By Jennifer Van Brunt
The new year is a time of promise and hope — and for the companies comprising the beleaguered biotechnology sector, it couldn't have come a minute too soon. For January has traditionally been a good month for small-capitalization stocks across all industries and, more often than not, for biotechs as well. In addition, biotech and healthcare companies can look forward to increased exposure and media attention during the annual Hambrecht & Quist Healthcare conference, which starts today in San Francisco.
There are already signs that the biotech sector is mending. The Nasdaq Biotech Index, for instance, has been rising steadily since Labor Day, when it hit a low of 268.96. By Dec. 31, 1998, the index had climbed to 437.31, a gain of nearly 63 percent. The Nasdaq Biotech Index, which is market-valued weighted, comprises 142 biotech stocks that are listed on Nasdaq. The companies must have a minimum market cap of $50 million to be included on the list.
Much of the credit for this recovery is due to the impressive performance of the large-capitalization biotech stocks. For instance, Amgen Inc.'s stock (NASDAQ:AMGN) gained 93 percent in value between 12/31/97 and 12/31/98, Immunex Corp. (NASDAQ:IMNX) rose by 133 percent, Biogen Inc. (NASDAQ:BGEN) soared 128 percent and Agouron Pharmaceuticals Inc.'s stock (NASDAQ:AGPH) gained 100 percent in value.
But while these companies — all of which have products on the market — did well in 1998, the vast majority of the biotech stocks fared poorly. In fact, the average percent change in value over calendar year 1998 for the 295 biotech and biotech-related stocks listed on the last two pages of this publication was almost 12 percent. With the traditional capital markets virtually closed to biotechs, many companies have turned to private placements of stock to raise enough cash to keep business running and product development on schedule. In fact, the money raised by public biotechs from alternate sources of financing has compensated almost entirely for the lack of cash from traditional public offerings. While biotech firms raised just slightly more than $1 billion from the public markets in 1998, they raised just over $3 billion by alternate means (which include not only private placements, but also exercises of warrants, debt offerings, loans and other types of financing). In 1997, which was a far better year for stock offerings, biotechs raised about $2.3 billion from initial and follow-on offerings and $2.1 billion from other sources. The totals, year to year, are almost the same; the balance is different.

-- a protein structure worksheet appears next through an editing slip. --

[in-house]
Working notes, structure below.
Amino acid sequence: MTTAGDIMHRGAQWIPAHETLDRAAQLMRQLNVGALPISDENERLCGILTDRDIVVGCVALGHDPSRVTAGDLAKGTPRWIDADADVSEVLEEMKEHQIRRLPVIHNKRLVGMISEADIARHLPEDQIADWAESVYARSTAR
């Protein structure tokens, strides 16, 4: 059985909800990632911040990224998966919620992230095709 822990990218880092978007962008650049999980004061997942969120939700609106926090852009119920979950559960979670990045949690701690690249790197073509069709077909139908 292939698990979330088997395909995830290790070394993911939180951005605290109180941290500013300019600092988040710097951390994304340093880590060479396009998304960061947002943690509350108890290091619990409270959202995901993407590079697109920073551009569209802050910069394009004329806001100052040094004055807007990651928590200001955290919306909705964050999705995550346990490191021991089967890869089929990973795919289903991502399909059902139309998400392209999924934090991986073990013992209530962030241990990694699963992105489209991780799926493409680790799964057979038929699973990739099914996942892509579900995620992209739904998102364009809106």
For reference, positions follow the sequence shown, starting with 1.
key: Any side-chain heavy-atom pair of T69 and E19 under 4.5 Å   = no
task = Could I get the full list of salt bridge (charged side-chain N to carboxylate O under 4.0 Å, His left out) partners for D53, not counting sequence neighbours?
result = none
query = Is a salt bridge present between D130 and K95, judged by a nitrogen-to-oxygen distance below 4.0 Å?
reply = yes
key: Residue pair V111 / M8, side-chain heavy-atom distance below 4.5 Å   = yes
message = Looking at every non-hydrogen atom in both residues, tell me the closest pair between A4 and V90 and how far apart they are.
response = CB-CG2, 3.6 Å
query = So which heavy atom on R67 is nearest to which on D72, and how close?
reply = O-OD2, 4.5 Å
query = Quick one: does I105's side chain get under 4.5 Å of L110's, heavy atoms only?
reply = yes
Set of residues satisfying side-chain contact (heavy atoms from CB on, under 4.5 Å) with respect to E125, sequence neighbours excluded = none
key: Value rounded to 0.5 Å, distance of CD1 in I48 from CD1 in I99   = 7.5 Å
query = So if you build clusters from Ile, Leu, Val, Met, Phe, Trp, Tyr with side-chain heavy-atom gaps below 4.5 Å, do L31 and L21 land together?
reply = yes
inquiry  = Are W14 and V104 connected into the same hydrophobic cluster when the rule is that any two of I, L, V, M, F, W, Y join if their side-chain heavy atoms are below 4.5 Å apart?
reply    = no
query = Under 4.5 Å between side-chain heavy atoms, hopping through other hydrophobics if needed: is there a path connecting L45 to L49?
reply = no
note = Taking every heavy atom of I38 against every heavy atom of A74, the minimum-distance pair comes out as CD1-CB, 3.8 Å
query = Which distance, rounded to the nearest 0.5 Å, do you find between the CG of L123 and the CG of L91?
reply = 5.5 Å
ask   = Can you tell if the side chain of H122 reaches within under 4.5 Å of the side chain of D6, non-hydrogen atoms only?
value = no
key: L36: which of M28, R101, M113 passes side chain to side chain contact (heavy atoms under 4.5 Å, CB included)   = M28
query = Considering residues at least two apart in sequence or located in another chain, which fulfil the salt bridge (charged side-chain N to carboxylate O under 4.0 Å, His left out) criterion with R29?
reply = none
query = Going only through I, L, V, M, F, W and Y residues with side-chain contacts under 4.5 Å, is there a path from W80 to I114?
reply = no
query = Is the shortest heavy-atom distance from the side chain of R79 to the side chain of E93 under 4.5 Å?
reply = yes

But not all biotech companies have been so fortunate. Many have watched their limited financial resources dwindle to the point where they can no longer meet the listing requirements on the Nasdaq National Market. Some have opted to resolve this situation by merging with or being acquired by another company with deeper pockets. A few have even chosen bankruptcy, a rare event in the biotech world.
But for many, the saving grace has come from the partnerships they have negotiated with the major pharmaceutical houses. For through those deals, when structured appropriately, biotech companies are assured of enough money to support at least some of their research projects. They might also have received hard cash up front or an equity investment from the big pharma partner.